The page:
.450 Bushmaster – Purpose-built for the AR platform. Hard hitter for hogs, black bear, and deer out to 250 yards. Mild recoil encourages shot placement.

.444 Marlin – Stretched .44 Magnum reaches 2,400 fps from an 18-inch barrel. Proven tack driver in lever actions. The deep ammo companies neglected this gem for too long.

.350 Legend – Winchester designed it for straight wall hunting laws. Similar ballistics to .30-30 in a compact AR-friendly package.

.45-70 Government – Legendary brush gun caliber. Bullets resist deflection for straight shooting in thick timber. Still does it all from deer to grizzly.

Honorable Mentions

.38-55 Winchester – Classic 1892 lever action round experiencing new interest. Lower pressures promote longevity. Great for deer inside 150 yards.

.38 Special/.357 Magnum – Easy to find and affordable. Strong performers when loaded to magnum levels in carbines and single shot rifles.

Straight Wall Cartridge Chart Comparison

Cartridge Case Length Typical Bullet Weight Velocity Energy
.450 Bushmaster 1.7″ 250 gr 2,200 fps 2,689 ft-lbs
.444 Marlin 1.875″ 240 gr 2,400 fps 2,469 ft-lbs
.350 Legend 1.71″ 180 gr 2,350 fps 2,331 ft-lbs
.45-70 Govt 2.1″ 300 gr 1,870 fps 2,334 ft-lbs
.38-55 Win 1.3″ 200 gr 1,800 fps 1,323 ft-lbs

Numbers will vary from rifle to rifle based on barrel length. Heavier bullets typically trade velocity for penetration. Compare different loads to find the balance you want.

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Why Use a Straight Walled Cartridge?

Straight wall rounds have tradeoffs like any firearm choice, but they offer compelling benefits:

Legal for More Hunting Locations – Straight walls meet regulations in a growing number of shotgun-only zones and density-restricted locations. Their statewide approval continues expanding.

Rifle Accuracy & Range – While legal straight walls do not equal hyper-velocity rounds, they deliver much better precision and reach than slug guns and muzzleloaders. Expect reliable kills out to 200 yards.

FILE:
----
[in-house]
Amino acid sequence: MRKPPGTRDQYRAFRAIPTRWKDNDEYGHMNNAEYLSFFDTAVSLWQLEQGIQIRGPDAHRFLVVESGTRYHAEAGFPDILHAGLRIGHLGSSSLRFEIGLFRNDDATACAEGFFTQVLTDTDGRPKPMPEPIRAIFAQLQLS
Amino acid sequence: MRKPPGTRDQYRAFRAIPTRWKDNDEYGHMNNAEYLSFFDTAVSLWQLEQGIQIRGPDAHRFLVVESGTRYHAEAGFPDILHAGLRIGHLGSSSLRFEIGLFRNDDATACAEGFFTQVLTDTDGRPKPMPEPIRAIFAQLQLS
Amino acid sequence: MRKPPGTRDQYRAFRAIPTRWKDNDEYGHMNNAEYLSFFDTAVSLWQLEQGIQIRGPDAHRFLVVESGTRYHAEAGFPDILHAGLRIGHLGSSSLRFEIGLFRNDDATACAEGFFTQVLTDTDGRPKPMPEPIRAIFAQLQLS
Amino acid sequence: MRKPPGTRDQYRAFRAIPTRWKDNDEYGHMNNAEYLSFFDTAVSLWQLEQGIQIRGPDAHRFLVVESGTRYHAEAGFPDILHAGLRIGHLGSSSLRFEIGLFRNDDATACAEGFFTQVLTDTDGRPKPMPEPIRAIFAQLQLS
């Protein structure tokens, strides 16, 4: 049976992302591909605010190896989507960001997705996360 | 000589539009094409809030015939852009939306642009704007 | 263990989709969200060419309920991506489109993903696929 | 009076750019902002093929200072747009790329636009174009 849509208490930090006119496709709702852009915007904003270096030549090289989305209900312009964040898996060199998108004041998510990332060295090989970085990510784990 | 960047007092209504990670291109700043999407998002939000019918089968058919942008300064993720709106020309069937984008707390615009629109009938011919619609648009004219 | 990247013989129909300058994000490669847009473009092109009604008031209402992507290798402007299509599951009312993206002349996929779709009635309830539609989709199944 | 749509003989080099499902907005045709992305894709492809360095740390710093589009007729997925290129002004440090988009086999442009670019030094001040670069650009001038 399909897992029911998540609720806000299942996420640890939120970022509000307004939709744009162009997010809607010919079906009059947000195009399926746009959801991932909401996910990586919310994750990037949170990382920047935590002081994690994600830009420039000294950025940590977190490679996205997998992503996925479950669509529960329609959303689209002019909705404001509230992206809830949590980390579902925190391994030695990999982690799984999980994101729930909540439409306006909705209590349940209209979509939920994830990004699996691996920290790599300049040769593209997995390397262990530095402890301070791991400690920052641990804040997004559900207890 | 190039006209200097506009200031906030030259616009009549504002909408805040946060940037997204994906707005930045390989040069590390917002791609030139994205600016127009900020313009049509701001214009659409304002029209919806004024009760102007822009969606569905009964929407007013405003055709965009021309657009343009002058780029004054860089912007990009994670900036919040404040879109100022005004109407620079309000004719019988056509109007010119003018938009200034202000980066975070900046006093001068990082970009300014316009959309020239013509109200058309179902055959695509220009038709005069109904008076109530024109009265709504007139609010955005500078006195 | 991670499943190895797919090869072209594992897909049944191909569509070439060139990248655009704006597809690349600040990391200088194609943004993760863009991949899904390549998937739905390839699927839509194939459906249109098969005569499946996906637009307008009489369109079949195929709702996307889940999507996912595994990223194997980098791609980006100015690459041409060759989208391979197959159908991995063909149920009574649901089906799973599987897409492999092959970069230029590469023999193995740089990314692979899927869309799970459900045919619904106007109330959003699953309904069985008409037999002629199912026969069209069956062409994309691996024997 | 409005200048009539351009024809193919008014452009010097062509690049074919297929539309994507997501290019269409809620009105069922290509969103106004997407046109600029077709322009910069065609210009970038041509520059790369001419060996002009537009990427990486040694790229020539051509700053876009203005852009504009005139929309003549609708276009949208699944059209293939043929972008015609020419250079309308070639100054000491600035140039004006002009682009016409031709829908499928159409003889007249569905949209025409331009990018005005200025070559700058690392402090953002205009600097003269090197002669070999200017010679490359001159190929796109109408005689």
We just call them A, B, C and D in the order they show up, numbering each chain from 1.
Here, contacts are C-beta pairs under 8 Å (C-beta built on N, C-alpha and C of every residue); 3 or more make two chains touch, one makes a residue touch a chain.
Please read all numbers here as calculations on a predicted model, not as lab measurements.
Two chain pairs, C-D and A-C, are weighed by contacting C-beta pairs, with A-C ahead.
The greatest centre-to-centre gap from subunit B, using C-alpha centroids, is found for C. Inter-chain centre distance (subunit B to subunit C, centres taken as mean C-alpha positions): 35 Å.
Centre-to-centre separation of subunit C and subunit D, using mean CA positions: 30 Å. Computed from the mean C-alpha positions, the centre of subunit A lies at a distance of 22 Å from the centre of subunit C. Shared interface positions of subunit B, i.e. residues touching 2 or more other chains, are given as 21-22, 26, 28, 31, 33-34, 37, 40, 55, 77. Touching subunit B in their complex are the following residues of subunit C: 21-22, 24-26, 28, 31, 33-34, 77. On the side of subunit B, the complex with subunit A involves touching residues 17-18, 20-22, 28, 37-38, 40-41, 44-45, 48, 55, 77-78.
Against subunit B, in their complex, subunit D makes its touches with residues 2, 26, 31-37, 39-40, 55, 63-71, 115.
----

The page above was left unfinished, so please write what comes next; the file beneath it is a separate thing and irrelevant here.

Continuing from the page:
Proven Stoppers on Deer & Hogs – Hunters have used classic straight walls to fill freezers and bag trophies for generations. Modern loads expand bullets for quick kills.

Mild Recoil – Blunt bullet profiles mean less meat damage. Tuned loads produce effective energy with tolerable recoil, encouraging accurate shot placement even for smaller-framed hunters.

Reliable Feeding – Straight walls improve lever action and semi-auto reliability. Their sleek profile aids feeding from box magazines and tubular feeds.

A Brief History on Straight Walled Cartridges

Early metallic cartridges took a straight wall design out of necessity. Limitations in brass manufacturing made it difficult to draw and form angled necks. 

As smokeless powder and Spitzer bullets enabled higher velocities around 1900, bottleneck cases offered better ballistic efficiency. 

They soon eclipsed straight walls for most sporting uses. However, straight configuration continues to promote reliable feeding in lever actions, single shots and modern semi-automatics.

Final Thoughts

As more states approve straight wall rifle cartridges for deer seasons once restricted to shotguns, hunters have viable options that rival classic rounds like .30-30 Winchester and .35 Remington. 

Lever guns shine with these cartridges thanks to angled magazines that accommodate blunt cartridge profiles. For the AR platform, .450 Bushmaster and .350 Legend deliver authority on medium game. The straight wall revival opens new ground to explore.